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Experts to Examine New Ways to Save Salt Men


24 July 2007




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LONDON, (CAIS) -- The Zanjan Cultural Heritage, Tourism and Handicrafts Department (ZCHTHD) plans to gather a number of Iranian, British, and German experts at a seminar in October in order to investigate new techniques for the preservation of Iran’s salt men.


Over the past decade, five salt men have been unearthed at the Chehrabad (Chehr-ābād) Salt Mine located in the Hamzehlu region near Zanjan.


The First Salt Man is on display at the National Museum of Iran in Tehran and the other four are being kept at the Rakhtshui-khaneh Museum in Zanjan.


“After all the measures that have been taken for the preservation of the salt men at the Rakhtshui-khaneh Museum, they are still not in good condition,” ZCHTHD director Frahang Farrokhi told the Persian service of CHN on Monday.


“Some further erosion can be observed on the mummies in comparison with that which was present at the time of discovery,” he added.


“The method that we have used for preserving the salt men is only efficient in the short term. We need to learn new techniques in order to conserve them for future generations,” Farrokhi explained.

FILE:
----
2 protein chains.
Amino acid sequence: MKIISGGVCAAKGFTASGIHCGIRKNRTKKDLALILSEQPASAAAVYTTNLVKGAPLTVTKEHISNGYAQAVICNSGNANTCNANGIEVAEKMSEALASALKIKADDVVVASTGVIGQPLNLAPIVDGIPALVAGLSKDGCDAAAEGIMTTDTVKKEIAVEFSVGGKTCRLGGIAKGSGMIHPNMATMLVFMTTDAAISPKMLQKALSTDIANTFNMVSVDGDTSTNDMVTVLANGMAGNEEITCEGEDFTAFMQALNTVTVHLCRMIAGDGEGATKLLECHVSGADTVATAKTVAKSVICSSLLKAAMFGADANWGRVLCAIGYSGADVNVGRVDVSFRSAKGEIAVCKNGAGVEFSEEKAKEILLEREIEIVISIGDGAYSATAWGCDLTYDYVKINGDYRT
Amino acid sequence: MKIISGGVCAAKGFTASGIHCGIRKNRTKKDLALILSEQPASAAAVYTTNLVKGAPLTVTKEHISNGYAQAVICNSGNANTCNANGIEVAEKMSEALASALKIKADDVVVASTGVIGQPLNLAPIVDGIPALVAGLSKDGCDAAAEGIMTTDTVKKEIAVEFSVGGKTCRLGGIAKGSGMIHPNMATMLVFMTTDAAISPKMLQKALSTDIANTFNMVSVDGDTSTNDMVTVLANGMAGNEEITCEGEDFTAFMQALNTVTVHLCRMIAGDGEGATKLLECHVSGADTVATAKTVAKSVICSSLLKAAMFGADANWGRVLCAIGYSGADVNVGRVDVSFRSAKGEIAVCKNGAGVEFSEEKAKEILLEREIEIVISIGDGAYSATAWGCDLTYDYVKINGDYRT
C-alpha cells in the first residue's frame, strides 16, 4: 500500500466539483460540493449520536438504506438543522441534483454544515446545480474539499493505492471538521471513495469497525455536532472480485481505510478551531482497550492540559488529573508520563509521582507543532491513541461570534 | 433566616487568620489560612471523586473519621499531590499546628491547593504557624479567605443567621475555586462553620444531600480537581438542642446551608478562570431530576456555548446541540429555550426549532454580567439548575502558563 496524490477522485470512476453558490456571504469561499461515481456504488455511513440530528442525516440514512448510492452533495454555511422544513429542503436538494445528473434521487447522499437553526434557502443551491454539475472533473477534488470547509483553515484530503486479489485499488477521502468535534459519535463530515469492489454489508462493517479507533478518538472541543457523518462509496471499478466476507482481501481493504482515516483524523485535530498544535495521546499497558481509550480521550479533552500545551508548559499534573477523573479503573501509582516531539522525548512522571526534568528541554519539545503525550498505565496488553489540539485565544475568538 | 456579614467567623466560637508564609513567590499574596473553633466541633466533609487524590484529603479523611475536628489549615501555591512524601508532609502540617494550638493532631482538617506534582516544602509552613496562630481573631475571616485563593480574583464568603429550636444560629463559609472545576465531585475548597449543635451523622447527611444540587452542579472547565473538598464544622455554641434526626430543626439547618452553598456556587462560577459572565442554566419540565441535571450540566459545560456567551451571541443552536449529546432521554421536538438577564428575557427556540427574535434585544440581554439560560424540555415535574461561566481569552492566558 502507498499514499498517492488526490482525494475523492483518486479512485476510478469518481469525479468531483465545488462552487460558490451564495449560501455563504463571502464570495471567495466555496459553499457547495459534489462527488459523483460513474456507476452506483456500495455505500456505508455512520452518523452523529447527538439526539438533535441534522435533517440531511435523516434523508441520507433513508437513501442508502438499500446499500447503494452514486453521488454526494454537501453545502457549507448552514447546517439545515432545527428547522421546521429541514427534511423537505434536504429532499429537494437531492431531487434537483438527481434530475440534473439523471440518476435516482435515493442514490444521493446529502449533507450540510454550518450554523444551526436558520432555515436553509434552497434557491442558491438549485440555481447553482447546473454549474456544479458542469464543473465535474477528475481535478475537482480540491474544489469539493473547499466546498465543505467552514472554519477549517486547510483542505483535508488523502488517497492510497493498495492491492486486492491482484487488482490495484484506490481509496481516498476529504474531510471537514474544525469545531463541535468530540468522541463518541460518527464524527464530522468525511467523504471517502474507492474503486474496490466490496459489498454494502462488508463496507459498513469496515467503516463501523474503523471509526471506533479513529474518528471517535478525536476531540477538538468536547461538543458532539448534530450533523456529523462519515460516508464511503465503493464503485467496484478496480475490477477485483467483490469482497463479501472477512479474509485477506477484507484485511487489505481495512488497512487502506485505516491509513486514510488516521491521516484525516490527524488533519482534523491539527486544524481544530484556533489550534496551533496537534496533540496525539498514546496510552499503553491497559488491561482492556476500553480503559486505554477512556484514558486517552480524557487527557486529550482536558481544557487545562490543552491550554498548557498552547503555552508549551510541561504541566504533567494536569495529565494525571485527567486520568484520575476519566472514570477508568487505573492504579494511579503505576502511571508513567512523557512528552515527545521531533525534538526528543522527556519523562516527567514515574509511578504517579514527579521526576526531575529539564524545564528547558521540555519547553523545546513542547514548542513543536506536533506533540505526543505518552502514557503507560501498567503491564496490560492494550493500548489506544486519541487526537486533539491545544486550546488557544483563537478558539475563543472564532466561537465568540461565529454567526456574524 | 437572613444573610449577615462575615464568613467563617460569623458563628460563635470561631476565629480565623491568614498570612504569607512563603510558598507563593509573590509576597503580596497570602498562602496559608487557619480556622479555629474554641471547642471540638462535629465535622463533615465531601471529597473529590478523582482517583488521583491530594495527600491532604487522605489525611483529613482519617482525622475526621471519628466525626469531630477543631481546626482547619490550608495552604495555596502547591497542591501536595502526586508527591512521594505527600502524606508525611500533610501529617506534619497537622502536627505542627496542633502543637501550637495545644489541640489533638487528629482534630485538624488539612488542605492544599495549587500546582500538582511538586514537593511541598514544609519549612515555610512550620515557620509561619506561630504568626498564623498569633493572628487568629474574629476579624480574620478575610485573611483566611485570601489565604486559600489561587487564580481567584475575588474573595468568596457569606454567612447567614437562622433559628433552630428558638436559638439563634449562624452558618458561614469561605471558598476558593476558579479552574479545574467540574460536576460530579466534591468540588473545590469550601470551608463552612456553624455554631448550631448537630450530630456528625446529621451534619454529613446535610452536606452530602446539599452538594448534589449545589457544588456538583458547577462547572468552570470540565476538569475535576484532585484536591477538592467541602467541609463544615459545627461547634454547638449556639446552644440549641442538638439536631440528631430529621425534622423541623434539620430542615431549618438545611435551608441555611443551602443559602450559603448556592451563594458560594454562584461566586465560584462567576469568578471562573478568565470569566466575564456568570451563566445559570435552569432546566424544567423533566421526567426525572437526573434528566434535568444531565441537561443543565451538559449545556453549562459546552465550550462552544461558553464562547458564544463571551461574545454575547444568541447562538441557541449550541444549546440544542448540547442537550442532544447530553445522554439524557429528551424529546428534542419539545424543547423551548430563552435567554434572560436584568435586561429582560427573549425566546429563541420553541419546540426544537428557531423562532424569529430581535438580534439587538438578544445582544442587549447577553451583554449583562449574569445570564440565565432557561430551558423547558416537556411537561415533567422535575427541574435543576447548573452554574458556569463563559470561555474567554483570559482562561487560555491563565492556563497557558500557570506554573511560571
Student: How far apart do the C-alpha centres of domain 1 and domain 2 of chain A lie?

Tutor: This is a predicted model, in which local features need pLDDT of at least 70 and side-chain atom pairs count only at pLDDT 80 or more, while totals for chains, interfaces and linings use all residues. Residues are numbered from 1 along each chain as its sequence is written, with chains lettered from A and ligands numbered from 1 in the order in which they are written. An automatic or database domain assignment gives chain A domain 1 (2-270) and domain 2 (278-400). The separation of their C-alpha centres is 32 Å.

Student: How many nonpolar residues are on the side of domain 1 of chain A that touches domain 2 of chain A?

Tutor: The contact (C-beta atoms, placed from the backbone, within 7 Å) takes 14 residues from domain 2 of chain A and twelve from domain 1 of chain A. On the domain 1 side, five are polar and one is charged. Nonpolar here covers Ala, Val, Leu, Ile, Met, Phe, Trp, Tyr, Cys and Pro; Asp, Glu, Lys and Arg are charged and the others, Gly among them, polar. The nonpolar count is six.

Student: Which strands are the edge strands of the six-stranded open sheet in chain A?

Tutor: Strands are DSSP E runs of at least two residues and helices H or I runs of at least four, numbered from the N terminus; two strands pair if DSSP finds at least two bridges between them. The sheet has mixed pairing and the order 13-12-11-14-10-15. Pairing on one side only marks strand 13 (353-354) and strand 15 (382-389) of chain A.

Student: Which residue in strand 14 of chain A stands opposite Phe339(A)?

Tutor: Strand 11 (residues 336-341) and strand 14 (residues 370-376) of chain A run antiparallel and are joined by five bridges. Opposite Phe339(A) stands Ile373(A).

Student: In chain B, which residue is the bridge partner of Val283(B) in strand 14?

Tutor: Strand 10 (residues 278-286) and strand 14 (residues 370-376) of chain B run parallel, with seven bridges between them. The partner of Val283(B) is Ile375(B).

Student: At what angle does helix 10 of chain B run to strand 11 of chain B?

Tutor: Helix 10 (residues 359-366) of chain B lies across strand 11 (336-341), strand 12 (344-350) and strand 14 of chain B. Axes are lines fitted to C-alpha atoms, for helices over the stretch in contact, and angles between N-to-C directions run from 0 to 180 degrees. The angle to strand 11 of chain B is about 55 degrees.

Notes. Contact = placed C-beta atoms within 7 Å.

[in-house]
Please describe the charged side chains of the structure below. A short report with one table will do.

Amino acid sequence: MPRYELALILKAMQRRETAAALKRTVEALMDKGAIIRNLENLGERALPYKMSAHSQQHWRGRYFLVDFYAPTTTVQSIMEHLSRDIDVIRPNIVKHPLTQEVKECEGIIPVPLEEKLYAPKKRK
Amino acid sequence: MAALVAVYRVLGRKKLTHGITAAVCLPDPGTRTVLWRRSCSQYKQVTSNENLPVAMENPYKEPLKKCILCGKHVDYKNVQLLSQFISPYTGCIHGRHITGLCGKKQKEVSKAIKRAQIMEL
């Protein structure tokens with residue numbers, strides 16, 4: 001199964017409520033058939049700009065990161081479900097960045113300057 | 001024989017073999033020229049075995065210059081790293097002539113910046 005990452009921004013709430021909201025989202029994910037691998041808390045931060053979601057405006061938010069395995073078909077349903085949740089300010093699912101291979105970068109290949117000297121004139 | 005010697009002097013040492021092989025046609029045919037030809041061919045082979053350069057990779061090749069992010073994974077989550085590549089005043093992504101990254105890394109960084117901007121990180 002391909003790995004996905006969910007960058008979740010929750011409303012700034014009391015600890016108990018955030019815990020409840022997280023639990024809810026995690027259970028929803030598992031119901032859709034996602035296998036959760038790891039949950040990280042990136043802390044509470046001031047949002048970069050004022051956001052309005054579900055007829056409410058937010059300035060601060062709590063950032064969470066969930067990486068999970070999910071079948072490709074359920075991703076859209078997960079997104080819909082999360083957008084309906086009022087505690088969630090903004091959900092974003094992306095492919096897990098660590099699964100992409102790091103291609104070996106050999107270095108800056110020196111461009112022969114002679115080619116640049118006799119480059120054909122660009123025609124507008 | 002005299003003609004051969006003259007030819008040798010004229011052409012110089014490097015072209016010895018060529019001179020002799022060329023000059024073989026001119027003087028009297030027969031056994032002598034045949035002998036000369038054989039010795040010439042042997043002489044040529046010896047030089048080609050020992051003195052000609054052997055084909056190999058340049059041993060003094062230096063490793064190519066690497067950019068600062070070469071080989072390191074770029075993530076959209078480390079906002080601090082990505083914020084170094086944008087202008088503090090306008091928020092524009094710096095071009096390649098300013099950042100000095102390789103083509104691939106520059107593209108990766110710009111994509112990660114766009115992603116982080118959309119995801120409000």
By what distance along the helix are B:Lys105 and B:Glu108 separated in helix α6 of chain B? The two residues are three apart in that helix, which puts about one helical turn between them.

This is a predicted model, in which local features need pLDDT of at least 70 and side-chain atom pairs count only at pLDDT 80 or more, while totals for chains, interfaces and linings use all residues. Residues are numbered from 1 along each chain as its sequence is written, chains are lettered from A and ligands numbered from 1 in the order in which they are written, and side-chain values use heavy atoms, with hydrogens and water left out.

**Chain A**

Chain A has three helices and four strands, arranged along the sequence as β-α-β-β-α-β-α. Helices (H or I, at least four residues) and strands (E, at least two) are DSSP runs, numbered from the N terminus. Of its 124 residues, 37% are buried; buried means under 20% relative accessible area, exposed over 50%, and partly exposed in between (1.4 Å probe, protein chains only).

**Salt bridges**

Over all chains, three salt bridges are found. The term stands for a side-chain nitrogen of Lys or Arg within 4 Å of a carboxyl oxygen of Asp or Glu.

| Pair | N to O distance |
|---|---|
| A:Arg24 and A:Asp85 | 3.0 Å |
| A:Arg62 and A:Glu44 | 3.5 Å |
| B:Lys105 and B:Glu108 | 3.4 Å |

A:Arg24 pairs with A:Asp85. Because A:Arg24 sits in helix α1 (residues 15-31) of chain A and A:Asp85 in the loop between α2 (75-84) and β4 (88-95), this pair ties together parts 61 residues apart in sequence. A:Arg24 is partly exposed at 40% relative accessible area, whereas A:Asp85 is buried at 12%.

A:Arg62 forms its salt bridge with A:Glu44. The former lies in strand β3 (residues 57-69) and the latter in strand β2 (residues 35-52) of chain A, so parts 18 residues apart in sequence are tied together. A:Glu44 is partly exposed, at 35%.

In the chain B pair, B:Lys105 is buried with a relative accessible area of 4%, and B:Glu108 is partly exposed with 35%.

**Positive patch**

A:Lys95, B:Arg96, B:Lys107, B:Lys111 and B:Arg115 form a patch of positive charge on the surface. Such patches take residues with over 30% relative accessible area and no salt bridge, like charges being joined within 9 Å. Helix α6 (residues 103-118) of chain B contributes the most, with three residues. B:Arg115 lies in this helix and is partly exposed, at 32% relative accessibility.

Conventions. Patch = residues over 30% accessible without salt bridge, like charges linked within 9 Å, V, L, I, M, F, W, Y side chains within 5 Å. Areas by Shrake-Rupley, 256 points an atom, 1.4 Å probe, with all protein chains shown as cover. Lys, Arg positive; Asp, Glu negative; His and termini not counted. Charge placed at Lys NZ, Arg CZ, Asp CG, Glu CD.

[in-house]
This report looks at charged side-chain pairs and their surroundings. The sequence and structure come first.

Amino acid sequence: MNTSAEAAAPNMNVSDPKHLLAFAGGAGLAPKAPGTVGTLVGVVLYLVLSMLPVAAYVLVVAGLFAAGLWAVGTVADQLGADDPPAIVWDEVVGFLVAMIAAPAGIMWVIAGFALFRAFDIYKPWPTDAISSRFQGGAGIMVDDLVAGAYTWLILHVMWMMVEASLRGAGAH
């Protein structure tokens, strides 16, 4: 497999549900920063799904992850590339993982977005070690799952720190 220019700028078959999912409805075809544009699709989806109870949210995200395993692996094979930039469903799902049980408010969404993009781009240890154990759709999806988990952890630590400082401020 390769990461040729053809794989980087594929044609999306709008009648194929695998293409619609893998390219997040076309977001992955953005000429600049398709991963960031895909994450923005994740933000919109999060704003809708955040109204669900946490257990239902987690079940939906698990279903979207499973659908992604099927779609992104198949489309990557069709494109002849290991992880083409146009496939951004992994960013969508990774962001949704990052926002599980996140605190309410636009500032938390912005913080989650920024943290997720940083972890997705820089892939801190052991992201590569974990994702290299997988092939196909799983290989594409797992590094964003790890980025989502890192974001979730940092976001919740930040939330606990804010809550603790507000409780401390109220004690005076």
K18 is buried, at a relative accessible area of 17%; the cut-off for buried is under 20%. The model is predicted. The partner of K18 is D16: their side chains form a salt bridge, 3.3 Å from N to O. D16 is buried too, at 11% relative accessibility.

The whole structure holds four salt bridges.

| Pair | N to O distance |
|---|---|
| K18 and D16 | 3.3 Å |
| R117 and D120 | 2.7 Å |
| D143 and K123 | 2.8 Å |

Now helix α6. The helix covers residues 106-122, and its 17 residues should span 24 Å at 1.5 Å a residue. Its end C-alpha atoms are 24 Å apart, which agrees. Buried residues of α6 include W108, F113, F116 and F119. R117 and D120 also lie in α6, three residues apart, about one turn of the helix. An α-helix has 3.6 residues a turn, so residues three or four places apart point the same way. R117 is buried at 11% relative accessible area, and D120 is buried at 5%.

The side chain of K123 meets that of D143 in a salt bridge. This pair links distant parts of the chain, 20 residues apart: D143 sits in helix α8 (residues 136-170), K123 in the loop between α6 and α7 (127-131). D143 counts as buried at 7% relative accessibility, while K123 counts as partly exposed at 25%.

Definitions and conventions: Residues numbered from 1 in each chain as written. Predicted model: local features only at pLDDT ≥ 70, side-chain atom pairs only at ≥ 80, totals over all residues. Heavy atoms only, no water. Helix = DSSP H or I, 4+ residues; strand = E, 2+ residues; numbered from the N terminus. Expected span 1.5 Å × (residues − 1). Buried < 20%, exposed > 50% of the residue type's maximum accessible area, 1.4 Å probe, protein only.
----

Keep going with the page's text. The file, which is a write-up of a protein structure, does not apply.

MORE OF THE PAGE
The Sixth Salt Man was recently discovered, but it was left in-situ due to the dearth of equipment necessary for its preservation.


The Archaeological Research Centre of Iran (ARCI) Director Mohammad-Hassan Fazeli Nashli opposed the idea of unearthing the Sixth Salt Man saying, “The earth is the best trustee for ancient artifacts because there is no guarantee for their proper protection.”


Experts believe that the Sixth Salt Man lived about 1800 years ago.


Studies on the Fourth Salt Man indicate that the body is 2000 years old and that he was 15 or 16 years old at the time of death.


It is still not clear when the other salt men lived, but archaeologists estimate that the First Salt Man lived about 1700 years ago and died sometime between the ages of 35 and 40.




Extracted From/Source*: Mehr News


*Please note the above-news is NOT a "copy & paste" version from the mentioned-source. The news/article above has been modified with the following interventions by CAIS: Spelling corrections; -Rectification and correction of the historical facts and data; - Providing additional historical information within the text; -Removing any unnecessary, irrelevant & repetitive information.


All these measures have been taken in order to ensure that the published news provided by CAIS is coherent, transparent, accurate and suitable for academics and cultural enthusiasts who visit the CAIS website.



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